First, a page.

Those of us who are attached to The Charlie Rose Show have suffered some anxiety over the past couple of months, now relieved by his return.* I wonder if I was alone in watching the show even more regularly in his absence -- clinging to what is threatened?
As he recovered from heart surgery, many stepped in to sit on his side of the table. If I were in Charlie's circle of friends, I would advise him to take advantage of this. He could do three shows a week and have others do the rest, as they have so capably done this past few weeks. This would give him time to do what -- he says -- he has learned he must: rest, and have more balance in his life -- but maintain for us what we so value in his work.
For me, that is several things, small and large. I value the quietness of this show -- the set, a simple wood table and chairs, and darkness around -- and the conversation, which includes much listening and actual responsiveness, one person to the other. The substitute hosts stayed on the path Charlie has devised -- depth, and surprising turns.
This show is not about talking points. The discussions are nearly always thoughtful, intelligent, civil, and sometimes amusing. I often find myself thinking about what I've heard, and learned, for some time afterward; and I've discovered that it's not unusual for me to learn the most from a topic or guest in whom I thought I had no interest.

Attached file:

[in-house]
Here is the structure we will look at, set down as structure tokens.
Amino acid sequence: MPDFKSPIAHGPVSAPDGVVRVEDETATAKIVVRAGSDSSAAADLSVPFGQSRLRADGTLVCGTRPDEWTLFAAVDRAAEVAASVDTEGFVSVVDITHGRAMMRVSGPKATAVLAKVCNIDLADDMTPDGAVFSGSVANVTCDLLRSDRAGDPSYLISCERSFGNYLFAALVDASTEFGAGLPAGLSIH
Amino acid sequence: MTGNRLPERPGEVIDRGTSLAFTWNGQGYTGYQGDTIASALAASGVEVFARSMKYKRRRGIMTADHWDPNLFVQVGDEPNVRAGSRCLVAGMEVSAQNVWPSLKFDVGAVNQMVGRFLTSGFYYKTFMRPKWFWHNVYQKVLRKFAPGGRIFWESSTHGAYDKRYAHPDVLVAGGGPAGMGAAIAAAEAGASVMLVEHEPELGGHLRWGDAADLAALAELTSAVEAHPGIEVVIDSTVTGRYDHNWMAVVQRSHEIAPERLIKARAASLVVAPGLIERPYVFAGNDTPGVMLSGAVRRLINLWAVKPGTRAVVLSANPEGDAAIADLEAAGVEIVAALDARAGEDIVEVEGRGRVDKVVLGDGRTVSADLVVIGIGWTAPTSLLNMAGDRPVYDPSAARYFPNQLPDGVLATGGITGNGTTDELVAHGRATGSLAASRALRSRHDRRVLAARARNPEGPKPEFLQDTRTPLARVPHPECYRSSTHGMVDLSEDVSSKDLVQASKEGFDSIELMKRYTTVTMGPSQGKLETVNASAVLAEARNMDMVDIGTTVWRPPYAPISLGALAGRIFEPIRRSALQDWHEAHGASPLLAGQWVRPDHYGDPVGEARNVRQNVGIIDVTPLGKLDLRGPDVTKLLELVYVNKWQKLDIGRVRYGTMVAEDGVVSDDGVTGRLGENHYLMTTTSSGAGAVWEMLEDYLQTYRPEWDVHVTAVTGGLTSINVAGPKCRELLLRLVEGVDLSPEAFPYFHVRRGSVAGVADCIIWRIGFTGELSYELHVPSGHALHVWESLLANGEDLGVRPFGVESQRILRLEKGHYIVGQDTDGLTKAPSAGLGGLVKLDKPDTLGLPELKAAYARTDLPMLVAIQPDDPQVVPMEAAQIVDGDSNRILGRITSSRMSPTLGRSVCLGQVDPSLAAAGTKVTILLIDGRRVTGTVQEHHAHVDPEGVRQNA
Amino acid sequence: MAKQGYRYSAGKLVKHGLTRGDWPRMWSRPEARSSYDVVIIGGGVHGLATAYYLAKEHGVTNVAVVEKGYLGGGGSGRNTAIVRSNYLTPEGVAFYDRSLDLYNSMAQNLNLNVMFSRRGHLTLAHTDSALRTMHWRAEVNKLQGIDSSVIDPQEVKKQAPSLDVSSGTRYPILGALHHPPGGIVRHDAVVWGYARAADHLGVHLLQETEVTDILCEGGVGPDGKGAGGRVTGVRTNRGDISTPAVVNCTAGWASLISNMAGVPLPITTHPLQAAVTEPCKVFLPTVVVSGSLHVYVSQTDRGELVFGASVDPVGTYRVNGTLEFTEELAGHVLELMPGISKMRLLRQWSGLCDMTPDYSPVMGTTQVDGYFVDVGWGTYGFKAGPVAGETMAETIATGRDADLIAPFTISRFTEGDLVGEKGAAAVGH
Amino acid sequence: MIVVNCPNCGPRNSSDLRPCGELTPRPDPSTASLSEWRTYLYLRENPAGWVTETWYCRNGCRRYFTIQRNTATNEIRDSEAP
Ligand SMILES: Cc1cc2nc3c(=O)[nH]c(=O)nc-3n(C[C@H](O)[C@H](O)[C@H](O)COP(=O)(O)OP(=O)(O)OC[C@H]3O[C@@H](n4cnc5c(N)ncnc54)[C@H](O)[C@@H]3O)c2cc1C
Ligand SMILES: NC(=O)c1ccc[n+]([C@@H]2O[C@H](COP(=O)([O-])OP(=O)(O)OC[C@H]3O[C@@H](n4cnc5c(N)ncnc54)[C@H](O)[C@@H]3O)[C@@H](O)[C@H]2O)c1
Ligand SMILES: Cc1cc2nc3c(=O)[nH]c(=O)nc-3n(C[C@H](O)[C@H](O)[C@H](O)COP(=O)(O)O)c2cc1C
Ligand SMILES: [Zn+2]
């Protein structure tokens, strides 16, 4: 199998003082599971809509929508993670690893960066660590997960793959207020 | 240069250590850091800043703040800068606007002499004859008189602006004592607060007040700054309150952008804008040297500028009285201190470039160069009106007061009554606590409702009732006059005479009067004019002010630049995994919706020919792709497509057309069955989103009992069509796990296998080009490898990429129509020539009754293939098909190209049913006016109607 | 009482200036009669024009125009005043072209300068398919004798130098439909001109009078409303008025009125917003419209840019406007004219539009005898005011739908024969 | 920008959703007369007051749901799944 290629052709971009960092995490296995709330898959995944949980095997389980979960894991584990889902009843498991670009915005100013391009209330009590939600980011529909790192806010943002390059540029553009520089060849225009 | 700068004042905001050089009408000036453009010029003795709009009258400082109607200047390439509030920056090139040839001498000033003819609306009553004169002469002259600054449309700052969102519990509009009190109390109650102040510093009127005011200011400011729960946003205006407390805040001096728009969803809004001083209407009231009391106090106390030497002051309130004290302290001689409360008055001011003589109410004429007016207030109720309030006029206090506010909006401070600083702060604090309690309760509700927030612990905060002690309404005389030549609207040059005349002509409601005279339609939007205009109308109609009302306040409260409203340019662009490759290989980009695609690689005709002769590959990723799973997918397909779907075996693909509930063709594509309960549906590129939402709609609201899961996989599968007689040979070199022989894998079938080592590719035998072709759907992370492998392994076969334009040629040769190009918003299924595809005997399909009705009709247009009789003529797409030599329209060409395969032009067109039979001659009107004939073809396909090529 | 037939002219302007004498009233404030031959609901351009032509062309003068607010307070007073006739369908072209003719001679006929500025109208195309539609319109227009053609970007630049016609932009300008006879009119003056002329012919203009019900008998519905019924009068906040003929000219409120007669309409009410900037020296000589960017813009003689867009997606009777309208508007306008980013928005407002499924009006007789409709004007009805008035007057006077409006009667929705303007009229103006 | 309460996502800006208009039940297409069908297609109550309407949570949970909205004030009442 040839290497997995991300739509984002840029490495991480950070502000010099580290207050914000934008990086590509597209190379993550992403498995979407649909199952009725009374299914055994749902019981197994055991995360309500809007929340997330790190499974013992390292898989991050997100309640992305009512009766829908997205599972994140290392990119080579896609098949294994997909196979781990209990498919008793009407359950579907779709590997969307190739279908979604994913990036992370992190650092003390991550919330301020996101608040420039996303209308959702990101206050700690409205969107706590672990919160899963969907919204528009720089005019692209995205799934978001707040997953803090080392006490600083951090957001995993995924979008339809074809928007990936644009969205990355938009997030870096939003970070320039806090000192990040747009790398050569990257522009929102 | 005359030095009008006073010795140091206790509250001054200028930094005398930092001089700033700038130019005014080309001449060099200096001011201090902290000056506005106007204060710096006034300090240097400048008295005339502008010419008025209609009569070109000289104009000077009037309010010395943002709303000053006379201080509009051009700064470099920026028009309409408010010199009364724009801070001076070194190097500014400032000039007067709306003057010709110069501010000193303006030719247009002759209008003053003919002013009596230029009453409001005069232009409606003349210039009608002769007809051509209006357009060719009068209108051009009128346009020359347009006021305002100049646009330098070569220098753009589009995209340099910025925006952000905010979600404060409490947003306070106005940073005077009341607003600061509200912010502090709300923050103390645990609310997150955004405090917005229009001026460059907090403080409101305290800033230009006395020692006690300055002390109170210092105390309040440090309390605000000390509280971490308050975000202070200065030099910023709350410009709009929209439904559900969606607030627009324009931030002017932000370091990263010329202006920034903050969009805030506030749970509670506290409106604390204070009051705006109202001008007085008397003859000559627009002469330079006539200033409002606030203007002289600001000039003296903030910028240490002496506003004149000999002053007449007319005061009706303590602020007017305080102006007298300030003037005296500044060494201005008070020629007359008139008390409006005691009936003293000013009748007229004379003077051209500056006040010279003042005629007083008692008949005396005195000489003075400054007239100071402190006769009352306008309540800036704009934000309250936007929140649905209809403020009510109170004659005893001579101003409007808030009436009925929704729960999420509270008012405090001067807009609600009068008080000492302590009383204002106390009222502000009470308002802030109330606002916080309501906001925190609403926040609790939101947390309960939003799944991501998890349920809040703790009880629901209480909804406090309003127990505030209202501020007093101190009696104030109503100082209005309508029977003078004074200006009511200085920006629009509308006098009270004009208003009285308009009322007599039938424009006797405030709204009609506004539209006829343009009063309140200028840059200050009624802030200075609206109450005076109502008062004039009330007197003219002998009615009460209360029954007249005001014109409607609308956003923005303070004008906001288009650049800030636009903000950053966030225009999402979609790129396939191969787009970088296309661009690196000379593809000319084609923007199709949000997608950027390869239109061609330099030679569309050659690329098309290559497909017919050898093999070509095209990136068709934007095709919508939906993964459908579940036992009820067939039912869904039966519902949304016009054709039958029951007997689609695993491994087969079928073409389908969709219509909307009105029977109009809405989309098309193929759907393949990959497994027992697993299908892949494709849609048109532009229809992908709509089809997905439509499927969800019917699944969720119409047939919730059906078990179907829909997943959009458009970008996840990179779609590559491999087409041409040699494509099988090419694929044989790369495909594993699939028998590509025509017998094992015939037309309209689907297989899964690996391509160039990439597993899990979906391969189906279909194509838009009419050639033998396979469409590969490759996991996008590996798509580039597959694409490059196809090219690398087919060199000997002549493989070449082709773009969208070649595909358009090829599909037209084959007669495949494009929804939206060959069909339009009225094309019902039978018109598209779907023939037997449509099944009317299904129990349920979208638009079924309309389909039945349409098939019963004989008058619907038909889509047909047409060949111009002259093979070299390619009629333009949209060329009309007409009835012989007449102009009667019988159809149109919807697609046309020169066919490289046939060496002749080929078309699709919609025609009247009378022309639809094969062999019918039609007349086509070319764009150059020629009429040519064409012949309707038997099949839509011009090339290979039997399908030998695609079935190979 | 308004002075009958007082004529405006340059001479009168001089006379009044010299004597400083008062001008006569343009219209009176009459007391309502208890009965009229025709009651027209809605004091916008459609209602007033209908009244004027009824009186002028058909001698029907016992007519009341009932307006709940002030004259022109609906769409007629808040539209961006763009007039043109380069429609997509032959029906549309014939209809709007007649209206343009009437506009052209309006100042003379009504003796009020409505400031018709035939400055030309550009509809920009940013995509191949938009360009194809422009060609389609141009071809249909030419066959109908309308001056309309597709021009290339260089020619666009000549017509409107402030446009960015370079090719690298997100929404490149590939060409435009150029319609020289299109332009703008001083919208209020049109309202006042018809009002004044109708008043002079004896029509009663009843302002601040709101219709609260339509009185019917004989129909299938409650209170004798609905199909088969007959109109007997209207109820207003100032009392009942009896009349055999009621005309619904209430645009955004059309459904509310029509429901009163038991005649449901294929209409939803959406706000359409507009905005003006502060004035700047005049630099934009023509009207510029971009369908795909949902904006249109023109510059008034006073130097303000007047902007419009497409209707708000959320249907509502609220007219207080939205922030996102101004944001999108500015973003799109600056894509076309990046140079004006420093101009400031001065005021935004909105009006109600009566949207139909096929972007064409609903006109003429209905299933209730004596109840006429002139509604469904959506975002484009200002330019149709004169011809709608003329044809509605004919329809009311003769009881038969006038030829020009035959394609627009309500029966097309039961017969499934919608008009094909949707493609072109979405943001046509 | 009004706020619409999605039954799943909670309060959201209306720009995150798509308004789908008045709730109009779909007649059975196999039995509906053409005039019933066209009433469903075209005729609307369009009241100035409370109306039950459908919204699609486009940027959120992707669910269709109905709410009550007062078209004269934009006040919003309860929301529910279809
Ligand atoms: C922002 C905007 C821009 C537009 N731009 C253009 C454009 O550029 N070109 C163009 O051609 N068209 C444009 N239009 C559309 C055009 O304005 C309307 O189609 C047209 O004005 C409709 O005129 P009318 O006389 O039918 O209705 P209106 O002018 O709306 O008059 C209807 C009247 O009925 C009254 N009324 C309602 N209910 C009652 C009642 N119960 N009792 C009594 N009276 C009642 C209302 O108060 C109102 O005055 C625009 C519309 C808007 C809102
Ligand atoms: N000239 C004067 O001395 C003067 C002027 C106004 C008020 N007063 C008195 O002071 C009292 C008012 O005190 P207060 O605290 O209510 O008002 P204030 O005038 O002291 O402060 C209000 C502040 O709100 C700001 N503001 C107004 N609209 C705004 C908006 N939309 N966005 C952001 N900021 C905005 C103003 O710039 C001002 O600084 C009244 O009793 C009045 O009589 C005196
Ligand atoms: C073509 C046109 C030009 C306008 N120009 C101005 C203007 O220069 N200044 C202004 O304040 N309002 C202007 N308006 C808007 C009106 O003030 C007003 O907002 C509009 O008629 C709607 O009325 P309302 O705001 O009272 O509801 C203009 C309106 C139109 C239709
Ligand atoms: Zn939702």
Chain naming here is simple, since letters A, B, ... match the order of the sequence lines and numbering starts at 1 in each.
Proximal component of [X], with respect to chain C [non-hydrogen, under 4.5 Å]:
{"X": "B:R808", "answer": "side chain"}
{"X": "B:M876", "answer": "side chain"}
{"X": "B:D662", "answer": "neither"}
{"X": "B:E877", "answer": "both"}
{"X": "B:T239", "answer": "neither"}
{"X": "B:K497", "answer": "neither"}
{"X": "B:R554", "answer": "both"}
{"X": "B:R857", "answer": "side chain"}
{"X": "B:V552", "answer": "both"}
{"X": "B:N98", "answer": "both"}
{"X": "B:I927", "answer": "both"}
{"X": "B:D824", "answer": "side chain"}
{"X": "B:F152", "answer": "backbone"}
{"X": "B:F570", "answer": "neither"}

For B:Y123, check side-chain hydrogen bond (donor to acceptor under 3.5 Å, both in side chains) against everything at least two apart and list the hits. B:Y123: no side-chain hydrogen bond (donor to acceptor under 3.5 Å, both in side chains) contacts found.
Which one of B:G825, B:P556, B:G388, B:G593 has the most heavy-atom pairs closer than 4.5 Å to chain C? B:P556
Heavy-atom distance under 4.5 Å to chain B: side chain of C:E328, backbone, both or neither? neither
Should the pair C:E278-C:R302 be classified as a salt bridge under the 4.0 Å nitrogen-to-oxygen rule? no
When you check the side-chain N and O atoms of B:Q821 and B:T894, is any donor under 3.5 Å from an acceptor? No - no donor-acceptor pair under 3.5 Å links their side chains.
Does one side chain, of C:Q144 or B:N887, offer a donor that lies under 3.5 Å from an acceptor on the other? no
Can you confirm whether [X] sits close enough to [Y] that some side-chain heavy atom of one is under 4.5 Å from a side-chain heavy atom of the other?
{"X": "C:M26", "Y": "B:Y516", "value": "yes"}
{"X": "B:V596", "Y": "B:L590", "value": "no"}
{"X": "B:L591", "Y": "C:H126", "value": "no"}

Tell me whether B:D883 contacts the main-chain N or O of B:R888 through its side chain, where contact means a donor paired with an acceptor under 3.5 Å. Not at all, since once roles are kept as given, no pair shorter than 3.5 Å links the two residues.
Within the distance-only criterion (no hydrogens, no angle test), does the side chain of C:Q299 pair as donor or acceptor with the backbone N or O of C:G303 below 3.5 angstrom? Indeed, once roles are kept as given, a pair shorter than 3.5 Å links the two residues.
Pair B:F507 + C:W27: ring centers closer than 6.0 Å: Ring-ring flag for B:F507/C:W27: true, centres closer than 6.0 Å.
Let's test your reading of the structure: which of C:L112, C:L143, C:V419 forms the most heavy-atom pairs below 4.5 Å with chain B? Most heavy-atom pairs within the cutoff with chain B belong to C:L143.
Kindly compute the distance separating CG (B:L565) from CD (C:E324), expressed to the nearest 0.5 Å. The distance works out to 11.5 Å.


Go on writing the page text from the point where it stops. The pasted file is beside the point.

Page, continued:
There is, of course, an on the other hand: too many white men in suits; behaving better than they do elsewhere, but still. And not that white men in suits can't provide some visual interest -- this show, Brian Grazer interviews Malcolm Gladwell, had me mesmerized. I had to watch it twice, to get past the hair duel to the content:
I recommend that Charlie broaden (heh) and deepen his show with a selection of guests who represent a wider constituency. More women, for instance, of all colors, and not all beautiful. Not that he isn't better than most at this, but there is still much room for improvement -- and that improvement would be, I think, consistent with his values.
Which is why I can recommend this program to you, with very few reservations. Check your PBS station for times.
*From Wikipedia: On March 29, 2006, after experiencing shortness of breath in Syria, Charlie Rose was flown to Paris and underwent surgery for mitral valve repair in the Georges-Pompidou European Hospital. The surgery was performed under the supervision of Dr. Alain Carpentier, a pioneer of the mitral valve repair procedure. Rose returned on June 12, 2006 with Bill Moyers and Yvette Vega (the show's executive producer) and discussed Rose's surgery and recuperation.